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Downtown Train / I'll Take New York - Tom Waits

Two New York songs, the first "Downtown Train" from Tom Waits' 1985 "Rain Dogs", the second "I'll take New York" from "Frank's Wild Years" just two years later, in part responding to the relative commercial success of "Rain Dogs":

I and my friend Phil saw him in 1985 performing in the Dominion Theatre in London's West End. Extraordinarily he booked the theatre for a week and sold out every night. The evening is still tied first in the top 4 concerts I have ever seen, raw, musically shocking and brilliantly theatrical, and, of course, he sang "Downtown Train".

Right from the startling opening line

"Outside another yellow moon

has punched a hole in the nighttime...."

Waits reminds us that he is as much a poet as songwriter, the classic romantic image seen through the prism of violent urban New York.

The opening is a metaphor for the idea that romantic adoration can flower in the most tawdry circumstances, the image of the moon expressed with beautiful violence, perfectly articulating the continual balancing act Tom Waits maintains between an exuberant celebration of life and his appreciation of the small tragedies that populate the lives of ordinary people.

Which makes these people heroic, in their refusal to give in, or in their anguished surrender. My parents' generation pretty soon got to like the Beatles. "Nice" middle-aged people soon got the hang of the Stones, and could make themselves feel edgy listening to Genesis, Yes and Pink Floyd. Soon they were lapping up heavy metal, even curling up with their Ian McEwan or, goodness me, their Martin Amis, with Leonard Cohen on the turntable (no longer "depressing" but now "so romantic darling"). Later, they could even enthusiastically look back on punk and remember that they were "there".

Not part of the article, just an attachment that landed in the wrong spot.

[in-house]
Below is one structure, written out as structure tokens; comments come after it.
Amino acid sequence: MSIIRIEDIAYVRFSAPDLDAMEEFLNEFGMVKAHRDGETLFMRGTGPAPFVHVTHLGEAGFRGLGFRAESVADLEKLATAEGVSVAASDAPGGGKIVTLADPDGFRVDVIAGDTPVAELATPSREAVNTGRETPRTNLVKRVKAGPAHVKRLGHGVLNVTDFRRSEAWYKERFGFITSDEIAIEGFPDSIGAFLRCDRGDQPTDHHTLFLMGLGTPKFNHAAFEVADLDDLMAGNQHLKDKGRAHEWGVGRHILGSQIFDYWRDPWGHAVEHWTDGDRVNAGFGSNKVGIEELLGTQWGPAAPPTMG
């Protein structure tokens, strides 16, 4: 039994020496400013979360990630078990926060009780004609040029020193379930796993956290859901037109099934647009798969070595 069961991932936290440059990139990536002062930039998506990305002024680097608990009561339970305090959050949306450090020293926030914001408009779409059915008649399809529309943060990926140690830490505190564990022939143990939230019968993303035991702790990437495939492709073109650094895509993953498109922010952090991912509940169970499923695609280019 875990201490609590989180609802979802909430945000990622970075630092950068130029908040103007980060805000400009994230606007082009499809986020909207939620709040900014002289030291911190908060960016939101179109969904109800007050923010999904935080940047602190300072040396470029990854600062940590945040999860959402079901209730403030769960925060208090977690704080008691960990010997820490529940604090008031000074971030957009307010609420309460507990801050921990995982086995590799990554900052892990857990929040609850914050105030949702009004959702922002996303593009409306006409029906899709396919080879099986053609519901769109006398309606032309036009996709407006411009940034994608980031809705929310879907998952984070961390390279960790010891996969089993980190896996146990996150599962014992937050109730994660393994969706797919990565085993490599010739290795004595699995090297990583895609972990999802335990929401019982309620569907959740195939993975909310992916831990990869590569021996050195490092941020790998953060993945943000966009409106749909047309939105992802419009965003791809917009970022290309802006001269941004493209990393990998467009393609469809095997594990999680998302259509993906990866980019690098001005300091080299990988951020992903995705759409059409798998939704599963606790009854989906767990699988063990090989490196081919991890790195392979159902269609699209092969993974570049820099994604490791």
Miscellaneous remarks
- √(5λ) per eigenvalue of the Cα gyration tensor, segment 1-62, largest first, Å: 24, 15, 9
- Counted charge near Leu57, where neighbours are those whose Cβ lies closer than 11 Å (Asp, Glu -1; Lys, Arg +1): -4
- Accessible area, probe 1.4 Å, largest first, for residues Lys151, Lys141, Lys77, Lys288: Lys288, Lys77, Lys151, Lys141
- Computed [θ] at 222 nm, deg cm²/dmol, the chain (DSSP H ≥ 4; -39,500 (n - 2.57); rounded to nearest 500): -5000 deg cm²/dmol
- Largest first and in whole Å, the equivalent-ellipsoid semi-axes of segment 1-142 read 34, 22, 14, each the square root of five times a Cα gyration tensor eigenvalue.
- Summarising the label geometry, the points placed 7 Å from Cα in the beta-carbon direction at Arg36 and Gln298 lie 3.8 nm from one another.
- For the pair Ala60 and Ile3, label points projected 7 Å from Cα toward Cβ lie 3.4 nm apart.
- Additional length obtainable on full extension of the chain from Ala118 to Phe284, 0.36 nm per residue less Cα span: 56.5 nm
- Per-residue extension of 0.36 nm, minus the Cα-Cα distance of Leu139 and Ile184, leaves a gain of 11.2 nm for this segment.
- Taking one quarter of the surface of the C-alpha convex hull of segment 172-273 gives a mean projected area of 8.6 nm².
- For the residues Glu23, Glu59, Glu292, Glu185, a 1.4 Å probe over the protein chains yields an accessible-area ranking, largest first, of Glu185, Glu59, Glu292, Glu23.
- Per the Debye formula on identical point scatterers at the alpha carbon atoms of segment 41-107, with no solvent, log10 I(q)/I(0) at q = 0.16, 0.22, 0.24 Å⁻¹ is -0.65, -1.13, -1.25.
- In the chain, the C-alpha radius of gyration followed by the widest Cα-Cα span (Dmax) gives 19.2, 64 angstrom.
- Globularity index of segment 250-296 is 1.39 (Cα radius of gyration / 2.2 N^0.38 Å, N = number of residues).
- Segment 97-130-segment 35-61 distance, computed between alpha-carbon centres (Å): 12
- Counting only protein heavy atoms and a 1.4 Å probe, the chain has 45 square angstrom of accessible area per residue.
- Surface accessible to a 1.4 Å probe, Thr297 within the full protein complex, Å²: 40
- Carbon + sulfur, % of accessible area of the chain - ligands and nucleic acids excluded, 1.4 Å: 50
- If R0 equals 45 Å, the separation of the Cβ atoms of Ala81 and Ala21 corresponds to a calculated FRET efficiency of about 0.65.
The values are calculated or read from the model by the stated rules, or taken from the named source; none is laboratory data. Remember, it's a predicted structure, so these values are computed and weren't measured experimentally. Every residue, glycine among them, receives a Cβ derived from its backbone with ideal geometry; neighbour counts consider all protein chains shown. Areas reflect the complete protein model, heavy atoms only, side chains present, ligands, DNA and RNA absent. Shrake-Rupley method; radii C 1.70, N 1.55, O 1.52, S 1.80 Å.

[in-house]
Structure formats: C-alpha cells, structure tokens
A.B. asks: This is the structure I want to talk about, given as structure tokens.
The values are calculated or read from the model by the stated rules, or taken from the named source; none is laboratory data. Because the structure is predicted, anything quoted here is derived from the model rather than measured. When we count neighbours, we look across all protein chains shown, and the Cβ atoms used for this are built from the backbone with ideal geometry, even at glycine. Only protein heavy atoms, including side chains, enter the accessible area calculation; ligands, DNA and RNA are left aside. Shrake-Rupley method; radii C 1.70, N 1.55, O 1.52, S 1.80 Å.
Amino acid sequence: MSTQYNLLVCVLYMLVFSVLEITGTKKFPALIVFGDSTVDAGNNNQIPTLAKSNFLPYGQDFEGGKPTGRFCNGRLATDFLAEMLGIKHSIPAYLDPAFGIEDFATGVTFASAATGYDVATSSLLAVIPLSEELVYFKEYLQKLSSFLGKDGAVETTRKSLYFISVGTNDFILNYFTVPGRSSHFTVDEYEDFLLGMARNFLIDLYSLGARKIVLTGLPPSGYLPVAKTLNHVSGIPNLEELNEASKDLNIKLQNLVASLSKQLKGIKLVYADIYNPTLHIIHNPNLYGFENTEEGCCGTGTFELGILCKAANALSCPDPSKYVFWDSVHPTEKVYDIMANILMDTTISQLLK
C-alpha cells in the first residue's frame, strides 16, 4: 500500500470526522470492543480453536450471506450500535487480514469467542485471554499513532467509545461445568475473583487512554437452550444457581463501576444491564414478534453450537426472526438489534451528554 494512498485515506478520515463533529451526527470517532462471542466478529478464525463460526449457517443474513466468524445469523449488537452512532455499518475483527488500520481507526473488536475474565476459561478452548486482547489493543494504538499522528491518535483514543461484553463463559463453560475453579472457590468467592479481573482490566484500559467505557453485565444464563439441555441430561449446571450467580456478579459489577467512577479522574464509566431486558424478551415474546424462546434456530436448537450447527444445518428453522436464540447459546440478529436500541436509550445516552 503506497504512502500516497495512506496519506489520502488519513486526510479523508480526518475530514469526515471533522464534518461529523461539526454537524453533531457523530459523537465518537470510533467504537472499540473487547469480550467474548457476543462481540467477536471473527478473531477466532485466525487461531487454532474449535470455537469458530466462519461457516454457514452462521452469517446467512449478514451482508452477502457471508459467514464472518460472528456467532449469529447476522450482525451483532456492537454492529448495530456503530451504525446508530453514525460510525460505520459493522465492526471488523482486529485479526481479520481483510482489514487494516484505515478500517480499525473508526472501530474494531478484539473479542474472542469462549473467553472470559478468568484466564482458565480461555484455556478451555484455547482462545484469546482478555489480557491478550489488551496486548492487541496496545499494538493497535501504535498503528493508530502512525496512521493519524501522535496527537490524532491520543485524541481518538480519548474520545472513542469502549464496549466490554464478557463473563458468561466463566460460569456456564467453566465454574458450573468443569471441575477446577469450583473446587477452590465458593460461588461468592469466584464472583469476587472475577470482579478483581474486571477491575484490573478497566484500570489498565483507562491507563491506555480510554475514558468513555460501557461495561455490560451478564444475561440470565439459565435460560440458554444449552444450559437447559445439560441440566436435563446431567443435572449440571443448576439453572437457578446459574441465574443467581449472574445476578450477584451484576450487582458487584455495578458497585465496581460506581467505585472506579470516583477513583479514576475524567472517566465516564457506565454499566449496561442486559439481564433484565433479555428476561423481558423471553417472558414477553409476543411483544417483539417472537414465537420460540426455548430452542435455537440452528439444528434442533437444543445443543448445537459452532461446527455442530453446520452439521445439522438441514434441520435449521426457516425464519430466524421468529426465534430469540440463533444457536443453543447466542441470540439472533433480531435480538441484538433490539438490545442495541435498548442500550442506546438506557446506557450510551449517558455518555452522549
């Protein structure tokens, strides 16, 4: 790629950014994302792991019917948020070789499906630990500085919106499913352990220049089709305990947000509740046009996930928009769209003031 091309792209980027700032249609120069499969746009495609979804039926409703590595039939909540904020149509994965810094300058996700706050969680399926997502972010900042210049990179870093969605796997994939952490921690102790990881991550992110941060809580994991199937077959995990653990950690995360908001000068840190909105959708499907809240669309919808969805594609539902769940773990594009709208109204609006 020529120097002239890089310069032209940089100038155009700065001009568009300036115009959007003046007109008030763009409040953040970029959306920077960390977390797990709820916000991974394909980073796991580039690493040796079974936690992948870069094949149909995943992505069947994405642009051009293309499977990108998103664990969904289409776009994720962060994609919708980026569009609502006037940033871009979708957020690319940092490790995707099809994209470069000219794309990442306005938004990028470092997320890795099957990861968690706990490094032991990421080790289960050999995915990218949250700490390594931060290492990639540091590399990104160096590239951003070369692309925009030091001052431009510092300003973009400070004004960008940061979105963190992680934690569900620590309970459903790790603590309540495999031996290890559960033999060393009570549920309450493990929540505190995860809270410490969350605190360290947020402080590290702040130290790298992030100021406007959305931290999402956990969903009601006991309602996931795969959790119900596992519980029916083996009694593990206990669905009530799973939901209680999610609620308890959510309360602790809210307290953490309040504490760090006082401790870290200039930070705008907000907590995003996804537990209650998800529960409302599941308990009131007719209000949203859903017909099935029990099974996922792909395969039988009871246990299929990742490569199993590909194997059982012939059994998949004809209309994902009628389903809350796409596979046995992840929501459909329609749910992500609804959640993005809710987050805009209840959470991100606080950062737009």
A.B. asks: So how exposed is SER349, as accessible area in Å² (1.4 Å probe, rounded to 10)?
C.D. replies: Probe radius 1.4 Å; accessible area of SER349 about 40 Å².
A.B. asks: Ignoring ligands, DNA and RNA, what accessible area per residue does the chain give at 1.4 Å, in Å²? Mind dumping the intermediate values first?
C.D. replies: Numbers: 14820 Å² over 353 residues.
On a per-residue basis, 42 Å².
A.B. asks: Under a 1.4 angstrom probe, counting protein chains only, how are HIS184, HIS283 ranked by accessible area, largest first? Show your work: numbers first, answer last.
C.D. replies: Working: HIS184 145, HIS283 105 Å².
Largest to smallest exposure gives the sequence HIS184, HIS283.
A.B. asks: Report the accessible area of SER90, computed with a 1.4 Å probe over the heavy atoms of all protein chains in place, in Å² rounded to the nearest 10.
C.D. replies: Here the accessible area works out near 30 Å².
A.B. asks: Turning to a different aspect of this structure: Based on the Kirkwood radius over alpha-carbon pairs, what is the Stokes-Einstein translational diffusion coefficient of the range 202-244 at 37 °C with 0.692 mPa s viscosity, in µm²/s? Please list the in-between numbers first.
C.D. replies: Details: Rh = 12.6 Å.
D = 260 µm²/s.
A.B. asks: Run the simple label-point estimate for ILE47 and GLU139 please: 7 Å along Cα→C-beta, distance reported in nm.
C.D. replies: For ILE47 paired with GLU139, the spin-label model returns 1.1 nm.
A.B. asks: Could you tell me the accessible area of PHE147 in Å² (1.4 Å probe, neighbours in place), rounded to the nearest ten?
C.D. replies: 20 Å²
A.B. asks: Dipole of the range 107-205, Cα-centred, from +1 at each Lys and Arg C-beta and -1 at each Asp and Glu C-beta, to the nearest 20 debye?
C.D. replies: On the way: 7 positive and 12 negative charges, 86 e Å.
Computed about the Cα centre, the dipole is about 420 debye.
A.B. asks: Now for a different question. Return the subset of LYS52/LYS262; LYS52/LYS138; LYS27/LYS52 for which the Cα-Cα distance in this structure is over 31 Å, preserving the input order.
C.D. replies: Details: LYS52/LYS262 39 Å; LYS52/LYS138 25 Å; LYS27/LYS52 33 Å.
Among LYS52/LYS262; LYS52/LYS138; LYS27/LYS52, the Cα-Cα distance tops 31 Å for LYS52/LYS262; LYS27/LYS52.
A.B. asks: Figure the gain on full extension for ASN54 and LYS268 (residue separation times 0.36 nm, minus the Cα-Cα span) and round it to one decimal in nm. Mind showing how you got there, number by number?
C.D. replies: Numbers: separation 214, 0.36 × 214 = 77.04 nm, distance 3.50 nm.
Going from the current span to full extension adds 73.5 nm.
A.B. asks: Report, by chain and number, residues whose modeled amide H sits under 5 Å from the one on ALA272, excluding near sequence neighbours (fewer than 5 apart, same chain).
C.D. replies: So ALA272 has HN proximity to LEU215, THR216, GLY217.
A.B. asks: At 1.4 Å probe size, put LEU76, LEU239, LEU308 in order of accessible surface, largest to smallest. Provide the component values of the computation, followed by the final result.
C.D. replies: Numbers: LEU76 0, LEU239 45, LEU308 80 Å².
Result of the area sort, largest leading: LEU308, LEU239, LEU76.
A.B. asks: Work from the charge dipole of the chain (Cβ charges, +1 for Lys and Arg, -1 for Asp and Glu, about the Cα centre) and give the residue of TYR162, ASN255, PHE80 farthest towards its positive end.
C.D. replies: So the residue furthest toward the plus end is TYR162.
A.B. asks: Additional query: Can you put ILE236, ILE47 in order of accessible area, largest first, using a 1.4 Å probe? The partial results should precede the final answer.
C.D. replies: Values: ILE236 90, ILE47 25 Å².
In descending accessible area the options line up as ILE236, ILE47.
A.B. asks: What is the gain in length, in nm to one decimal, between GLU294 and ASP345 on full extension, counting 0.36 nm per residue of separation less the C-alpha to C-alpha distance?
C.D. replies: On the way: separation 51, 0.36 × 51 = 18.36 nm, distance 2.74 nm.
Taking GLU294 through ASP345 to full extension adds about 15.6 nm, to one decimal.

But for every "nice" Tom Waits track, there were three not so nice tracks. Because when he first made it there was no internet and he hardly ever got on the radio so you had to buy his albums to listen to him, weird tracks and all, he successfully preserved an artistic inaccessibility that lingers to this very day. This and his refusal to let anyone use his music to advertise products (who else has done that?) means he is one of the few truly credible artists recording, in direct contrast to Mr Stewart.

In this wonderful pastiche of Frank Sinatra's hit, the sordid reality of an alcohol soaked city of self delusion is rendered in his sprawling descent into an atonal coughing fit.

Here is a pool of bitter irony into which Frank unwittingly dives headfirst, splashing about until the water turns cold and finds him alone and destitute.

"I'll make it happen I'm on the Garbo's I'm drinking Manhattans I'll take a splash on the big town that's how I will arrive.... have you got two tens for a five?"

Who's still listening?

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